What I find difficult to talk about is that this show is genuinely heart-wrenching for me, and I am not really in any way a person that has strong emotional reactions to media. But it’s nice to have something I really care about for once to get me through the year of pestilence. Although I suspect this final season will be devastating and probably less explicitly gay than I’d hope. But I’ve been following the creator Noelle Stevenson for a long time and am putting faith in her credo “Assume all characters in my comics are gay unless stated otherwise.”
It’s also interesting to move through the fan spaces for this show - the community is very queer but it’s also very young. I see a lot of nascent media criticism informed by social justice ethos but it’s just that, nascent, or inchoate, what’s the word I’m after? It lacks nuance. People spend a lot of time discussing things like whether or not it’s problematic to ship characters with others that are abusive or toxic, and you kind of want to step in and tell them, it’s okay. It’s fine. Nobody is getting hurt. But it takes time to learn this stuff, to be able to look at media in a sophisticated way. I do wonder though - does this hardline ‘problematic’ approach develop and grow or does it harden into the shallow feminism of contemporary neoliberalism? I am constantly despairing at the abilities of real adults to interpret and critique media and I feel that actual critical analysis is just not taught at all. So on one hand it is promising to see a young queer community making an effort to politicise a text but I also worry if that will ever mature.
Did a twofer of The Shining and Eyes Wide Shut over the past few nights. Holy damn.
What does “power” mean? How does it manifest? These movies provide real examples of that in meticular fashion. While The Shining is more grotesque, Eyes Wide Shut rings a lot louder especially with the recent discussions of (eg.) Epstein. But they’re both walking inside this area of power and how that affects us.
And to be honest, that is just the most terrifying thing.
I remember someone saying that Eyes Wide Shut makes more sense as a Kubrick movie (given it seems a lot sloppier than his other movies) if you understand that his goal was not to make a great movie but rather to destroy Tom Cruise’s marriage and/ or mind.
Oh I watched Tarkovsky’s Stalker last week and god, what a film. Feels like you could spend a lifetime watching and understanding it. My main takeaway was that it’s a film that is deeply wrapped up in desire: what is it to want? Do we know what we want? Do we really want our desire fulfilled? It’s an incredible journey through faith, reason and art in this crystalline cinematic world - so slow in the way that American cinema is completely incapable of being, yet so magnetic to look at.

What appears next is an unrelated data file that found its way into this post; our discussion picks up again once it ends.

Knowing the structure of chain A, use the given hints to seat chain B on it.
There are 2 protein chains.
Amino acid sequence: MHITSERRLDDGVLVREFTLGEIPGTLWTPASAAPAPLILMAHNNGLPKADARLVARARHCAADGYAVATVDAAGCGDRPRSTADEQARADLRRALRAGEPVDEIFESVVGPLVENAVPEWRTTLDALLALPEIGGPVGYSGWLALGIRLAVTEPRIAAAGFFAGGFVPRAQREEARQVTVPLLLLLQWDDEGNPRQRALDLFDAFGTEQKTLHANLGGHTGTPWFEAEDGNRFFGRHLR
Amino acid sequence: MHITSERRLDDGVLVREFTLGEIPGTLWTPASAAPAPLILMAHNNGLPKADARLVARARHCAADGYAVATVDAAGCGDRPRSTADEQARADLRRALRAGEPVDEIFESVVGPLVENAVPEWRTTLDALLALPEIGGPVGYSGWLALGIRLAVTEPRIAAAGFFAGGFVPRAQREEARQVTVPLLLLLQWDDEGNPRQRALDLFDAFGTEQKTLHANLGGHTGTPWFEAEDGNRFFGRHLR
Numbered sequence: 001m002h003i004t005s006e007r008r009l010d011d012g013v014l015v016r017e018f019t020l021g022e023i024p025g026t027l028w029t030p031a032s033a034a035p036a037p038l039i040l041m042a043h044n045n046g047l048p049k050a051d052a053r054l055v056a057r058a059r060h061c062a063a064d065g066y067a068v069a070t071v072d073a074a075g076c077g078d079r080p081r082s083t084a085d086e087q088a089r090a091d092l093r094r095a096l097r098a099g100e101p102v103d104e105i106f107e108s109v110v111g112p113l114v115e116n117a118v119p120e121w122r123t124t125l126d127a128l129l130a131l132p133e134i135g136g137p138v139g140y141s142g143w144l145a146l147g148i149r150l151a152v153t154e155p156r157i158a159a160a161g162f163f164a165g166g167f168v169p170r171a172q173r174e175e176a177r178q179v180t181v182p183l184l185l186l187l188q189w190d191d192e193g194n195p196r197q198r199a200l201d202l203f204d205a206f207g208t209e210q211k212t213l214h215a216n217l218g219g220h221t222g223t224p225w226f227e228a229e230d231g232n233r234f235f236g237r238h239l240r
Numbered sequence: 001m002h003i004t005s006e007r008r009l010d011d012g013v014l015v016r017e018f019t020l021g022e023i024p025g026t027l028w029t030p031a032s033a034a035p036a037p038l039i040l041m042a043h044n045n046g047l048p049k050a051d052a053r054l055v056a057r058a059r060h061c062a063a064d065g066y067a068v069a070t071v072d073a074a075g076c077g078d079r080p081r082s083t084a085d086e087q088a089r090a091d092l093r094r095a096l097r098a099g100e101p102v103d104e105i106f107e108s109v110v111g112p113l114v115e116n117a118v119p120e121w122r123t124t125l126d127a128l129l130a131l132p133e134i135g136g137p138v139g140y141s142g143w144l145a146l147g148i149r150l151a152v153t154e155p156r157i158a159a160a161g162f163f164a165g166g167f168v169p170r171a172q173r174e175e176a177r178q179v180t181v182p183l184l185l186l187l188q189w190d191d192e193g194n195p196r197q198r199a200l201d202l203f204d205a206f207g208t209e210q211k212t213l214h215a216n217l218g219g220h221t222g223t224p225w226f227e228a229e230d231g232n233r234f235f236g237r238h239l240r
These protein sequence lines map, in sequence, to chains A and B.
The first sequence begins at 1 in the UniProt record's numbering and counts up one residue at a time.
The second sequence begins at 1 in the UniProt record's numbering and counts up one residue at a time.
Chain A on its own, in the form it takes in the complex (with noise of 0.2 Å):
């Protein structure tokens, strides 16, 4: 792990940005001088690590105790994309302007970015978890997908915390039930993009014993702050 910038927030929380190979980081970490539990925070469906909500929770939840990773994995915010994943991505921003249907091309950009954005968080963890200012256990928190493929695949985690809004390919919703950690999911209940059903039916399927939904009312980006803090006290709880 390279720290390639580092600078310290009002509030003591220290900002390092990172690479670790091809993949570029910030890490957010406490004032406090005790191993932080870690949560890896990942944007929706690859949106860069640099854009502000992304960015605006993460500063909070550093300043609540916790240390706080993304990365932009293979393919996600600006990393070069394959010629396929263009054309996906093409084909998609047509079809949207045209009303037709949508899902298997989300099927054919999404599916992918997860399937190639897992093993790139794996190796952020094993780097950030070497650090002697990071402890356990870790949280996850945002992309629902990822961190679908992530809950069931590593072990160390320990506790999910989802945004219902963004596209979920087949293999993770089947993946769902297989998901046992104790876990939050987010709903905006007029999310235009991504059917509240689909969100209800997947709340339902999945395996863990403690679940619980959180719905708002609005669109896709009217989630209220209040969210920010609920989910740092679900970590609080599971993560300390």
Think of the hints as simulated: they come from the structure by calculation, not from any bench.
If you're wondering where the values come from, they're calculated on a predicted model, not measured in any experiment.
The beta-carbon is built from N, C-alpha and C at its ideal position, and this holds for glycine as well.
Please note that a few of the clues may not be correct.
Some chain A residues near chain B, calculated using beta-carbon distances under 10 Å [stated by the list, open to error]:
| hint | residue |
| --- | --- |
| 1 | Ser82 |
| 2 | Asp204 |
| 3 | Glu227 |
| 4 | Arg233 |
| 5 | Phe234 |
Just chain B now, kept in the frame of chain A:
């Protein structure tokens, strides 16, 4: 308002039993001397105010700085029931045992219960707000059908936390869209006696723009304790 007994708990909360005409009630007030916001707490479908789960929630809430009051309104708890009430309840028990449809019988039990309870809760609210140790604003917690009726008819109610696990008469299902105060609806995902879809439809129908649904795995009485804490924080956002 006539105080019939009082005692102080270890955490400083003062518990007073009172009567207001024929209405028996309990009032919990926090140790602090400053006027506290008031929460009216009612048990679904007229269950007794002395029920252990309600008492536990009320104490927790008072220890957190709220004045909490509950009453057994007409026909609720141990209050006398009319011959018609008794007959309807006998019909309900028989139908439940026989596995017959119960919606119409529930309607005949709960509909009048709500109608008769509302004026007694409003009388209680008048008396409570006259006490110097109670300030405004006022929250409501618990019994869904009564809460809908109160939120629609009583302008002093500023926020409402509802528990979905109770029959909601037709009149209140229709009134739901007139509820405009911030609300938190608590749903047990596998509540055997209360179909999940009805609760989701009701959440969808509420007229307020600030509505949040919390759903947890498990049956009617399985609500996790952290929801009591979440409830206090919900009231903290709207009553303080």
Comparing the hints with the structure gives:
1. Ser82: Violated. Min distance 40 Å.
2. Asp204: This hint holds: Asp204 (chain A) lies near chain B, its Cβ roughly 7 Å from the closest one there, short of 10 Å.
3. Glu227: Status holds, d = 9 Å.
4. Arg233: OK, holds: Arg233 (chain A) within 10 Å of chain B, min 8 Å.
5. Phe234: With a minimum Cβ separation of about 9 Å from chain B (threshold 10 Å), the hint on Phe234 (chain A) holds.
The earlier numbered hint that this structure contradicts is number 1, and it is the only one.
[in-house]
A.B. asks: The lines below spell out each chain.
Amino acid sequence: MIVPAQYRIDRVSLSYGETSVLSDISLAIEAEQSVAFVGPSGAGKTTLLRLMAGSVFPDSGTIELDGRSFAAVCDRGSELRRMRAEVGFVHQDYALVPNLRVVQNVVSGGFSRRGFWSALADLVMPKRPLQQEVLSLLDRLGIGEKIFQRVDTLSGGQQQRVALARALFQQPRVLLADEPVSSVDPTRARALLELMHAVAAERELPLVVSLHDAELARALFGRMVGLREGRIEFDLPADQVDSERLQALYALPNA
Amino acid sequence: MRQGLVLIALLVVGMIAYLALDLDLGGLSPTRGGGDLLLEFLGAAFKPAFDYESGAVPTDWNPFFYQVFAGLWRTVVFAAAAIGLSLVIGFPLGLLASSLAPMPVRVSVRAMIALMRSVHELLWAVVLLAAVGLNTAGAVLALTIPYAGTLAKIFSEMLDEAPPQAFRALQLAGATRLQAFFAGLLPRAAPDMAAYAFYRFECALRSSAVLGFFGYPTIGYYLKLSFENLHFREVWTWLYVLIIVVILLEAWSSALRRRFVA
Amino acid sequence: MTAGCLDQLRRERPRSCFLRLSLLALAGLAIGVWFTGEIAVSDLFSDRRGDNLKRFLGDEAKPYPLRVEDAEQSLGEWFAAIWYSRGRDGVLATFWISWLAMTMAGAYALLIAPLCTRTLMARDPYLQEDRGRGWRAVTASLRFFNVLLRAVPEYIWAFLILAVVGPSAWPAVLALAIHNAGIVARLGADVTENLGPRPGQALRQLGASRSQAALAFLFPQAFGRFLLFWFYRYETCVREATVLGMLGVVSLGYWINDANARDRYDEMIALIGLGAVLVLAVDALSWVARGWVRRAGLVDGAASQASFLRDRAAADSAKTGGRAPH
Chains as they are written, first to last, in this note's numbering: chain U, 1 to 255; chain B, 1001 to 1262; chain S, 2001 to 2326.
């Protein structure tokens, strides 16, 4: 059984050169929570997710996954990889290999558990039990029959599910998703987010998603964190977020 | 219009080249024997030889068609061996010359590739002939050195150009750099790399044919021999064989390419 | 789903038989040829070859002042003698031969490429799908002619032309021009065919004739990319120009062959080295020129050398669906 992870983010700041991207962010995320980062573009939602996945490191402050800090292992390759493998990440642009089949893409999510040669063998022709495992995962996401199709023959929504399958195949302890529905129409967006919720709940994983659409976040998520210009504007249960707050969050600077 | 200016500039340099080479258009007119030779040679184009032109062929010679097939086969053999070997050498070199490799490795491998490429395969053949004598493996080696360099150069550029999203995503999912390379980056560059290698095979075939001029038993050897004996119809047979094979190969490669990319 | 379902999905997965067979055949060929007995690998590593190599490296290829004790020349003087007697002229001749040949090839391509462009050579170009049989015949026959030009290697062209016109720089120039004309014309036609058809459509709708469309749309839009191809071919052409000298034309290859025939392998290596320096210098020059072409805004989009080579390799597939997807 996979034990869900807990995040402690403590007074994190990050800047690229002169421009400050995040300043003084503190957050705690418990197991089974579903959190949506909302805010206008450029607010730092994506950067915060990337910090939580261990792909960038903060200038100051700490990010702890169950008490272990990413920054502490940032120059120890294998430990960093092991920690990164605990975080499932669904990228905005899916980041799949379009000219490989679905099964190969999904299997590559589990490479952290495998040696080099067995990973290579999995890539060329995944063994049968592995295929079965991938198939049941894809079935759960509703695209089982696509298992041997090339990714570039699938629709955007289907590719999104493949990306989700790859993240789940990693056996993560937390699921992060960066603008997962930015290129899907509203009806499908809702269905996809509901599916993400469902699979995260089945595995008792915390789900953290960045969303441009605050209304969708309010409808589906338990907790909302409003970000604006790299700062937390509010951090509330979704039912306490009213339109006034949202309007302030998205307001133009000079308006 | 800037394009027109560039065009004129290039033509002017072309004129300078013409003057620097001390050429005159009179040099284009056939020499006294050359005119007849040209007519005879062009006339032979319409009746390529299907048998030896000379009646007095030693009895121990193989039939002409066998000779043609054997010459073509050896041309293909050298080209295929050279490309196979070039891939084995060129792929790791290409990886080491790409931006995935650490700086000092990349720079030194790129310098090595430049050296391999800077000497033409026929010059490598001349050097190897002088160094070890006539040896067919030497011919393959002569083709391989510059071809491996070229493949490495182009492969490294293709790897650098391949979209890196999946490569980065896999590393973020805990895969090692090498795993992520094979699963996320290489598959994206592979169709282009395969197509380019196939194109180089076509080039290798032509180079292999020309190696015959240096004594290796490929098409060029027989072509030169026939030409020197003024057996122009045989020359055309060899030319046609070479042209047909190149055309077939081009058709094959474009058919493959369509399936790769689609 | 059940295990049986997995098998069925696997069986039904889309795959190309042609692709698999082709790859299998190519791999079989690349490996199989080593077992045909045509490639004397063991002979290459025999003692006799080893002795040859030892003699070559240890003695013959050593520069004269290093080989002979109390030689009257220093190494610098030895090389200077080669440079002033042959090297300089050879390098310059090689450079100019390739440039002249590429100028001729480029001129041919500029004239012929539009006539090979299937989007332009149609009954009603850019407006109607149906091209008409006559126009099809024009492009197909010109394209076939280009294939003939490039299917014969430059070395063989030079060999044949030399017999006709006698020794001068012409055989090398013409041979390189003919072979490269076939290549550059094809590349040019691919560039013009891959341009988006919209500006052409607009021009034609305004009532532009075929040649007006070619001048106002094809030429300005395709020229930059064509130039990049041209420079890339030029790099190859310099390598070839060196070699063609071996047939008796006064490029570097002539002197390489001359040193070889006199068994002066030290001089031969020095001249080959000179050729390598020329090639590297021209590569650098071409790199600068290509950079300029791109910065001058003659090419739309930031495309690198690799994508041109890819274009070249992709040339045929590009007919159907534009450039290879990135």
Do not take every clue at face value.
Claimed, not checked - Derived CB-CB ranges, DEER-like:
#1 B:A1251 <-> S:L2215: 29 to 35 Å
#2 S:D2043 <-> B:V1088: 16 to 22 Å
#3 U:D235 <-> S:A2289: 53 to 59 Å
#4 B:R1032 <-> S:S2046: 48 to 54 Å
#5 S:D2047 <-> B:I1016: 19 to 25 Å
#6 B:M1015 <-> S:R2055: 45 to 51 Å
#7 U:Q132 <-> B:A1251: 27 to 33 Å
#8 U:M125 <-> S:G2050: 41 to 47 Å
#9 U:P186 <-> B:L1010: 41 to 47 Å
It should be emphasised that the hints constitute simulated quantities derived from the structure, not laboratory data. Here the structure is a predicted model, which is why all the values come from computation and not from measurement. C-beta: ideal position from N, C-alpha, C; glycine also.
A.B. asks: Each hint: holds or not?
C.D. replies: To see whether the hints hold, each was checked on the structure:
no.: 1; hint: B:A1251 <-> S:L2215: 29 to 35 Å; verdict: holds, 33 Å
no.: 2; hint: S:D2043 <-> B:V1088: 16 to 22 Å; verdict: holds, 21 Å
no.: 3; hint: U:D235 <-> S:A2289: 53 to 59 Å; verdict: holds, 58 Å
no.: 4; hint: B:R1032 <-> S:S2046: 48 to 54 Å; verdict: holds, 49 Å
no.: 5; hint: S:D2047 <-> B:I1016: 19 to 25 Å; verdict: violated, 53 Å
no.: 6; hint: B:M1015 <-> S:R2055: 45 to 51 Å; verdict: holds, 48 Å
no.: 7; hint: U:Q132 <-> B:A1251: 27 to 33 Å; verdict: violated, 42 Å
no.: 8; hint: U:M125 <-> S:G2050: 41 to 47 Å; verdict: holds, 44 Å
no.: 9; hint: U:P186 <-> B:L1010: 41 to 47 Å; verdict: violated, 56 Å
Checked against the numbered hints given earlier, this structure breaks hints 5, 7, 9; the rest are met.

How women exist and desire in the film is also fascinating - the vast majority of the film is three men talking and talking and talking about their desire but it is unmistakably bracketed by these striking scenes of two women who lack that space to express their desire and hold radically different philosophies towards it. There is a beauty and almost a threat in the way the film ends.
I read Roadside Picnic last year and loved it and while the film is substantially different it was interesting to tease out some of those same ideas and see how they were developed or transformed in the film. Things like ideas about labour, about the human relationship to the uncaring Other. Tarkovsky’s work is ultimately more tragic, I think, and more nuanced where the Strugatskys have a deeply human and singular idea they wanted to convey. I kind of want to think and talk about this film forever but regrettably that’s not my job.
Also I realise my last post in here was about re-watching She-Ra and I feel compelled to note the final season was so good my whole heart imploded and turned inside out and I believed in love for a whole day or two. Anyway if you wanted to hear more about those feelings you can read them on tumblr, which felt like the most appropriate website for a long, embarrassingly personal screed about feelings.
After finally managing to hop back on the Netflix train (courtesy of a friend), my partner and I have been continuing our long-on-hiatus Star Trek: Deep Space Nine binge. I’m loving it as a variation on TNG that feels more grounded - locations and themes and relationships given more room to develop, with an ensemble that’s allowed to feel a little less professional, with a little more friction.
Addendum: I would die for Kira Nerys.
I recently got a free trial for Disney+ so I started watching The Clone Wars and wow, the writers are really piling it on thick in every way they can. I’m a huge fan.
Just binge-watched all of Steven Universe Future in the span of like two days. Steven Universe already is up there as my favorite thing (not just TV show, not just visual media, but just all around fictional work) of the past decade. This is a phenomenal show, outstanding top to bottom.
And I really needed a break from the misery of Last of Us 2 and pointless toxicity of that entire game, so needed something where people actually can express emotions. You know, growth, and love and understanding and forgiveness. Those things which I guess gaming still can’t ever be about? (Kingdom Hearts gets as close as anybody has.)
Steven Universe Future even takes the show as dark as it ever could go before. Where so much of this show’s content has been solved with easy forgiveness and understanding, it at least acknowledges how much psychological harm Steven has had. But also wants to build out of that, instead of satirizing itself. It can then be one of the best ever growing up and leaving home stories.
You might like this series of essays on the different aspects of the show like religion, the shows treatment of the non-federation people and Kira. It was reading these that got me to watch it years ago
That was a very fun essay pit to fall into for a couple evenings, thanks!
Better Call Soul
The Plot Against America